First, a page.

Anostomus anostomus and
Anostomus ternetzi
an-oh-STOH-mus an-oh-STOH-mus

A. ternetzi above and A. anostomus below
FromGuianas, Orinoco, Upper Amazon
LengthA. anostomus 7"
A. ternetzi 5-6"
FoodOmnivore, Limnivore
pHslightly acid

Anostomus anostomus and Anostomus ternetzi are two similar appearing species. The fins of A. anostomus have red tinting where those of A. ternetzi are clear. The black central stripe on A. anostomus ends in a black arc at the base of the dorsal fin where on A. ternetzi it ends with a gold arc.
Anostomus anostomus
Anostomus ternetzi

A proper environment should include rock crevices, roots, driftwood or lots of plants for the species to be able to retreat into. I use lots of Swahala driftwood where they are found hiding not so much as loners but in small groups.
They eat flake food, frozen tubifex worms, algae wafers, DoroMin and DoroGreen, fresh spinach and zuchinni, chopped shrimp, canned peas and green beans. They will browse on algae growths and if deprived of vegetable matter may nibble on plants.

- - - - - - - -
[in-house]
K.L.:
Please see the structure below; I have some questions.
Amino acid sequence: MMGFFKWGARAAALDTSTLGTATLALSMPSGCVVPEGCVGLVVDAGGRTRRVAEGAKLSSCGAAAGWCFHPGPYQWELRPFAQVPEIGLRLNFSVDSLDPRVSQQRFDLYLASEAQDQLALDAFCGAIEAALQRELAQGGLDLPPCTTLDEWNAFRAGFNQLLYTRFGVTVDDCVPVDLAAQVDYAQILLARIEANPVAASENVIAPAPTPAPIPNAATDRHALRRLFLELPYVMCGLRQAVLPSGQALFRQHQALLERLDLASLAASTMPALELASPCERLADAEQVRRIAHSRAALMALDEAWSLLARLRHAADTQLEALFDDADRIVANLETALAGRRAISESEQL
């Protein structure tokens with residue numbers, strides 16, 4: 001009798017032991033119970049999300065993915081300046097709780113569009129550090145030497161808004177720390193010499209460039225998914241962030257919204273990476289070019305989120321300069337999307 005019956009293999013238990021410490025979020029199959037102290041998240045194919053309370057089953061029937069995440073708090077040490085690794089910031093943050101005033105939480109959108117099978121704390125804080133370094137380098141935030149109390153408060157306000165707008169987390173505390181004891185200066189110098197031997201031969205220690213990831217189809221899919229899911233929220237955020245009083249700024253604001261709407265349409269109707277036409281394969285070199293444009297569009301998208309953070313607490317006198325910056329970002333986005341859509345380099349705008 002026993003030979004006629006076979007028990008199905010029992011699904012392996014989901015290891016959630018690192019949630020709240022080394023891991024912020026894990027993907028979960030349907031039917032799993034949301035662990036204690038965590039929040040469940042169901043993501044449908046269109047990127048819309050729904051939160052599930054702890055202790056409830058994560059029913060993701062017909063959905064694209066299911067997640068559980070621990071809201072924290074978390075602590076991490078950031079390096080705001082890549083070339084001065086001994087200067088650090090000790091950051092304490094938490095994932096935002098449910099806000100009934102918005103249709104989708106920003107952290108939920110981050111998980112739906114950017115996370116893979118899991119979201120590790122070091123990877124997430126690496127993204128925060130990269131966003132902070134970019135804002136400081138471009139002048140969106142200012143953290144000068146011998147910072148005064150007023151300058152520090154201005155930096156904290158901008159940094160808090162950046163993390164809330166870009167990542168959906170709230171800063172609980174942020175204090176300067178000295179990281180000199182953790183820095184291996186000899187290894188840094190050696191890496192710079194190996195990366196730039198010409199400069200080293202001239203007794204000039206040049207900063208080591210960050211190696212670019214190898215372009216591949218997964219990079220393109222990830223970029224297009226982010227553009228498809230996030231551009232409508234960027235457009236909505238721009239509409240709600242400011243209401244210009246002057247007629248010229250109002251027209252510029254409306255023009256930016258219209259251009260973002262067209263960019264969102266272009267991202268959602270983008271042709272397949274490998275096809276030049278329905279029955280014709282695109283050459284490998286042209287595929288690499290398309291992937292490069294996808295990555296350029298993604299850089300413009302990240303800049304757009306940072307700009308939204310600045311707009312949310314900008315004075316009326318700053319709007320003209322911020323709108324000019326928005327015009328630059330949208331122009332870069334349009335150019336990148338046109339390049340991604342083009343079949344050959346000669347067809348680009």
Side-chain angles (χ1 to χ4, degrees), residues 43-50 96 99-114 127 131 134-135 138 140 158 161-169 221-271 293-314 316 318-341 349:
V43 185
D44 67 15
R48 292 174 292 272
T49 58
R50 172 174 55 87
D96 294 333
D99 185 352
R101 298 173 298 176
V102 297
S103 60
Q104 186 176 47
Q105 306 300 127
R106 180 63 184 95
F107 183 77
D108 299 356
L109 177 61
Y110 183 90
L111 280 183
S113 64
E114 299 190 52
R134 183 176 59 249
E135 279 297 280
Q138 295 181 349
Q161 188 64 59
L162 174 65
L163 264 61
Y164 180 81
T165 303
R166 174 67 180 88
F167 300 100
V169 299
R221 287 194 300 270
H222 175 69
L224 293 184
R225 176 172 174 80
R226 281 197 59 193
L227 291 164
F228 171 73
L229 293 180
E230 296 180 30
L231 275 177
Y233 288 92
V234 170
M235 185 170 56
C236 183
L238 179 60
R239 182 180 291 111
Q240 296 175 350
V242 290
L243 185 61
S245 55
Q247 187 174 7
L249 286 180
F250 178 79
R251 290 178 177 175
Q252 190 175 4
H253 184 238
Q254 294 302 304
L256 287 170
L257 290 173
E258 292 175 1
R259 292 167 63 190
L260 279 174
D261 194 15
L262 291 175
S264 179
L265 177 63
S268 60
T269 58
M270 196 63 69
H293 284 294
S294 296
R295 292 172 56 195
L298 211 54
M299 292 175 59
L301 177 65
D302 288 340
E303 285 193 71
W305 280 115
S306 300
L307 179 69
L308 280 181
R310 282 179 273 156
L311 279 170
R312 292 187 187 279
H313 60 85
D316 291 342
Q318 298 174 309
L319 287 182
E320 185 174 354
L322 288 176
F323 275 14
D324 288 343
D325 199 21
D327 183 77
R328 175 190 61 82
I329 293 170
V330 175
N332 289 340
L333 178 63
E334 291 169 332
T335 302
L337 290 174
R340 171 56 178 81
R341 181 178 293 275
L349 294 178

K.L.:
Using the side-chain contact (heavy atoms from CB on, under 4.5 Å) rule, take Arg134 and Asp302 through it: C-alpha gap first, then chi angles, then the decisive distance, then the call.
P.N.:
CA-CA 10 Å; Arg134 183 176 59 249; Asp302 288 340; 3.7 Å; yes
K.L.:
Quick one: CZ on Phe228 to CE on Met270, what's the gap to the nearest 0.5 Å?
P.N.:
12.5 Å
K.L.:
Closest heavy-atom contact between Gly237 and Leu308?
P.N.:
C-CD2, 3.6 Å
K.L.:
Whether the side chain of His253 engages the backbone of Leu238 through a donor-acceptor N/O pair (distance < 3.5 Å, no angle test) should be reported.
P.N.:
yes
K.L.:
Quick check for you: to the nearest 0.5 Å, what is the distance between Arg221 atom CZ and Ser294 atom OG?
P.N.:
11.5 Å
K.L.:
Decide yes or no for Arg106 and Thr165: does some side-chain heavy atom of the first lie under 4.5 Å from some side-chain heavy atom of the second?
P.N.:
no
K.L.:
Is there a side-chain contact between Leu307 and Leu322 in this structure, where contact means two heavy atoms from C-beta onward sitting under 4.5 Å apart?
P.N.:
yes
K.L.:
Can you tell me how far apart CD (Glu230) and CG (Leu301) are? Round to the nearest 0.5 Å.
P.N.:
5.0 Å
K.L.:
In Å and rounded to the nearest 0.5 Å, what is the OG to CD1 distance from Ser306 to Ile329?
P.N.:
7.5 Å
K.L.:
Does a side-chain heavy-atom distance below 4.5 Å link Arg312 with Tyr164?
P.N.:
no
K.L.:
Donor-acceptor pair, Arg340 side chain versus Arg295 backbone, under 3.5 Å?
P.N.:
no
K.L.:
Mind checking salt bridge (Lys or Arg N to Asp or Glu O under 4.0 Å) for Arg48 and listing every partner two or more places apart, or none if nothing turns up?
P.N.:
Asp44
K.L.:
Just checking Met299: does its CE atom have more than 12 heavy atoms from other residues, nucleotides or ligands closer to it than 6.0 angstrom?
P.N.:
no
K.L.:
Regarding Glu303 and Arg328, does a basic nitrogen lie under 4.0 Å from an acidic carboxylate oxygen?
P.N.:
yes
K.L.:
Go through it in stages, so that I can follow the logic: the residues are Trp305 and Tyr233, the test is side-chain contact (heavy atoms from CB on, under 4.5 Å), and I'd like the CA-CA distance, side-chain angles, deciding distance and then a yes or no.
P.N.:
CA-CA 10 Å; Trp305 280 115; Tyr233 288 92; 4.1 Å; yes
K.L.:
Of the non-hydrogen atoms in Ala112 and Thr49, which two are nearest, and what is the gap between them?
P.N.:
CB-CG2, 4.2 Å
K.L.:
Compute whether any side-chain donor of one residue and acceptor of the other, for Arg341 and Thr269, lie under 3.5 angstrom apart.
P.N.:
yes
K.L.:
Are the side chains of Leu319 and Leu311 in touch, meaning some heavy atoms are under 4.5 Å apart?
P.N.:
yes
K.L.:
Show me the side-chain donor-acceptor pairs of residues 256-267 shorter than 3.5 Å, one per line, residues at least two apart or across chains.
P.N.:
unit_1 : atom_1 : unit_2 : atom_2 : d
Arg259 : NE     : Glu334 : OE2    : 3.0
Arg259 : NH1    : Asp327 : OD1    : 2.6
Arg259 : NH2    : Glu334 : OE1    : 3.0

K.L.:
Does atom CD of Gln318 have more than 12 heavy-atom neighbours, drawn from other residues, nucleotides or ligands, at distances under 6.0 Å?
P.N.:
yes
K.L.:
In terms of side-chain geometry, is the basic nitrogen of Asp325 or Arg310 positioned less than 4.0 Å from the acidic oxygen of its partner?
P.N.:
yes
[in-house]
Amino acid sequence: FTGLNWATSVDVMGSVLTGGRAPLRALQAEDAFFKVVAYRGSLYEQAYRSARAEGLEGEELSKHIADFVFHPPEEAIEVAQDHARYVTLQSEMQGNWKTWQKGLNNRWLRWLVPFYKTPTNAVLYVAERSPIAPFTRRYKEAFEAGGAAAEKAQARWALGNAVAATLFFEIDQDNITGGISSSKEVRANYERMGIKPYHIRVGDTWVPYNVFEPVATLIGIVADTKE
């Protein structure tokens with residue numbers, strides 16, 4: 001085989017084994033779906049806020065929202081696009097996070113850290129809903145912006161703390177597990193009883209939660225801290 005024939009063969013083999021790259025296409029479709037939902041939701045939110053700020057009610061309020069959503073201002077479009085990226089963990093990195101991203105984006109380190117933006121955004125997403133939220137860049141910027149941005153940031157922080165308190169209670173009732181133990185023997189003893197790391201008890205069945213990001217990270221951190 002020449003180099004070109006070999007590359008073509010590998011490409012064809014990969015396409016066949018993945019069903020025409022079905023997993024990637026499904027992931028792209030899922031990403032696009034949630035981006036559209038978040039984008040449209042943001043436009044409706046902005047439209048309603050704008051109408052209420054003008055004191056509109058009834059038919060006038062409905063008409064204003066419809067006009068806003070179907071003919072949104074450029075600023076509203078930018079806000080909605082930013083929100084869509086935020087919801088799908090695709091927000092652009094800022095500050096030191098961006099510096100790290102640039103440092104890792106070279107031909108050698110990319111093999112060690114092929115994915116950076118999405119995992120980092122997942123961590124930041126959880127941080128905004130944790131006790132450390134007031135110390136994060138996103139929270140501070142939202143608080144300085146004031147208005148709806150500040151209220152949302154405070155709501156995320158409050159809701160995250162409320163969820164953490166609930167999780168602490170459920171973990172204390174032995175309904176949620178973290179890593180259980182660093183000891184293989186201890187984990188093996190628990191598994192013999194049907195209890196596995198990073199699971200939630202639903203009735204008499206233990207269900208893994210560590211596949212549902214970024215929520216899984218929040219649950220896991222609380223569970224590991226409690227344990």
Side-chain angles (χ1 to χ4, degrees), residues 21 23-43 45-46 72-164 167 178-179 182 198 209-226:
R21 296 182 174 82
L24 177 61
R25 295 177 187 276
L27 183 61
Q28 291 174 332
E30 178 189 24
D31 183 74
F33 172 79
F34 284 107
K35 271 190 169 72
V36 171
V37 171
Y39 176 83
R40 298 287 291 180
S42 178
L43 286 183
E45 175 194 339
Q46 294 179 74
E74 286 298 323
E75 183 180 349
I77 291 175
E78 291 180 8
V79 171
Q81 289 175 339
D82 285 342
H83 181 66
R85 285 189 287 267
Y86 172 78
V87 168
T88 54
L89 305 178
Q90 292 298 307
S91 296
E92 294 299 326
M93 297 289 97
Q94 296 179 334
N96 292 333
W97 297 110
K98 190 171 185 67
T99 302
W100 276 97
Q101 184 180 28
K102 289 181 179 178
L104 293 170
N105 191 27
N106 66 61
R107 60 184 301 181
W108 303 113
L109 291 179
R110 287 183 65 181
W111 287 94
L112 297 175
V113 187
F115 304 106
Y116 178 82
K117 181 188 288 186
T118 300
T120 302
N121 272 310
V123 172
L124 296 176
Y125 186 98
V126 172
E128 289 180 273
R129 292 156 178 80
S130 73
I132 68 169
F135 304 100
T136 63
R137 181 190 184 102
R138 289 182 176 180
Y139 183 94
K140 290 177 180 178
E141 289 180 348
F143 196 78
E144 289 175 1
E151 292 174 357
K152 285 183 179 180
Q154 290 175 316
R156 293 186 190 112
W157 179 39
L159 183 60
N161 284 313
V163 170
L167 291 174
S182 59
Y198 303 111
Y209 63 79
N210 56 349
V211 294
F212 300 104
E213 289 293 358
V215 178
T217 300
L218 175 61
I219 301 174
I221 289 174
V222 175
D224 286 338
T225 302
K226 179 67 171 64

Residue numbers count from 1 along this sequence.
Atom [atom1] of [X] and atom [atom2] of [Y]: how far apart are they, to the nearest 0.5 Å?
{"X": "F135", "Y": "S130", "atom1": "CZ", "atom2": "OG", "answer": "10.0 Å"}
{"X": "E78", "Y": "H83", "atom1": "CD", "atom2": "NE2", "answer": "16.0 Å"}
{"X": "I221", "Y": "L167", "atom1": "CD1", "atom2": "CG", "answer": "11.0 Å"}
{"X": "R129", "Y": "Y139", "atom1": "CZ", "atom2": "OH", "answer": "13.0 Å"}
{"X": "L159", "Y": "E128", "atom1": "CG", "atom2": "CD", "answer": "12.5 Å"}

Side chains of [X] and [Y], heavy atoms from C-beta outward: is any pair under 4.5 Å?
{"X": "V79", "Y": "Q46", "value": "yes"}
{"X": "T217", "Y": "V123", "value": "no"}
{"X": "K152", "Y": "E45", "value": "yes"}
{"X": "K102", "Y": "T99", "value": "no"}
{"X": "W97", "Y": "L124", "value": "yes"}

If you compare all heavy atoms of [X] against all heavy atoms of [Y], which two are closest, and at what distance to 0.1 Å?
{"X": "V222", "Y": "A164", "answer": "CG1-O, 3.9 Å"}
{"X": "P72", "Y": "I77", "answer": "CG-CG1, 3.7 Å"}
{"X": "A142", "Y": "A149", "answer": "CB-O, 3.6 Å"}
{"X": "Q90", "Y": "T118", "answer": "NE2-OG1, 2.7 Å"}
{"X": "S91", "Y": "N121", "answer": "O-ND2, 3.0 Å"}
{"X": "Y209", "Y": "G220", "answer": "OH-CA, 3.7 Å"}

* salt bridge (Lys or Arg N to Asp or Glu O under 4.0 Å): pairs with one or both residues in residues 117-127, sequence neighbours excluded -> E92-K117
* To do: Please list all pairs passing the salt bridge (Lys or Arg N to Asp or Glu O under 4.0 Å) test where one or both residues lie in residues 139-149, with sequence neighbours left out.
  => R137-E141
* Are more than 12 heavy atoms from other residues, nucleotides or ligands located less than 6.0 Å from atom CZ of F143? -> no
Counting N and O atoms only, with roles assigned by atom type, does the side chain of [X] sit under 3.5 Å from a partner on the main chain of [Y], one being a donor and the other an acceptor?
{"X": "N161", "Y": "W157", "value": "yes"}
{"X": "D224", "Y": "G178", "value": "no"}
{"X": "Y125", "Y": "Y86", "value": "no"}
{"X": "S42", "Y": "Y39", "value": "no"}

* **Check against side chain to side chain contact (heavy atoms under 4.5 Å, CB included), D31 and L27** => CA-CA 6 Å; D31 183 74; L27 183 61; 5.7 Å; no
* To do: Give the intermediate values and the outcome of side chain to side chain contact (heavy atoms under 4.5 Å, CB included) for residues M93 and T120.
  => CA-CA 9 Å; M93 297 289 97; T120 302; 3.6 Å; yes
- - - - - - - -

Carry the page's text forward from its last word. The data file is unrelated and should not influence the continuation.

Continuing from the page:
a pair of A. ternetzi

Several A. anostomus and A. ternetzi above yet another anostomus species - Anostomus trimaculatus.
Wholesalers have been selling A. anostomus and A. ternetzi indiscriminately as simply Anostomus making it difficult for the local fish store to procure an individual species.

I have seen one fairly mature specimen for sale that was definitely a cross between the two species. It was not an attractive cross and I hope it doesn't happen often.

They both have their attributes, where A. anostomus is perhaps more colorful, A. ternetzi has a slighly better temperment. In a community tank with predominately small fishes A. ternetzi is the better choice. In my own herbivore tanks containing fishes such as Leporinus, Distichodus and Red Hooks the A.anostomus are among the smallest fishes.

An A. anostomus nestled in with a Striped Peacock Spiney Eel

I once had an Anostomus ternetzi form a strange relationship with an ailing Pearl Gourami. The Pearl Gourami had developed a tumorous growth around his pectoral fin that was encumbering his swimming and threatening his death. The Gourami would not only allow the A. ternetzi to nibble on the growth but would pursue him insistently, turning the infected fin toward him until the growth was completely incised.
In Baensch's atlas he makes a discerning remark in regards to Anostomus anostomus. He says "Anyone who has not kept this fish cannot be called a true aquarist".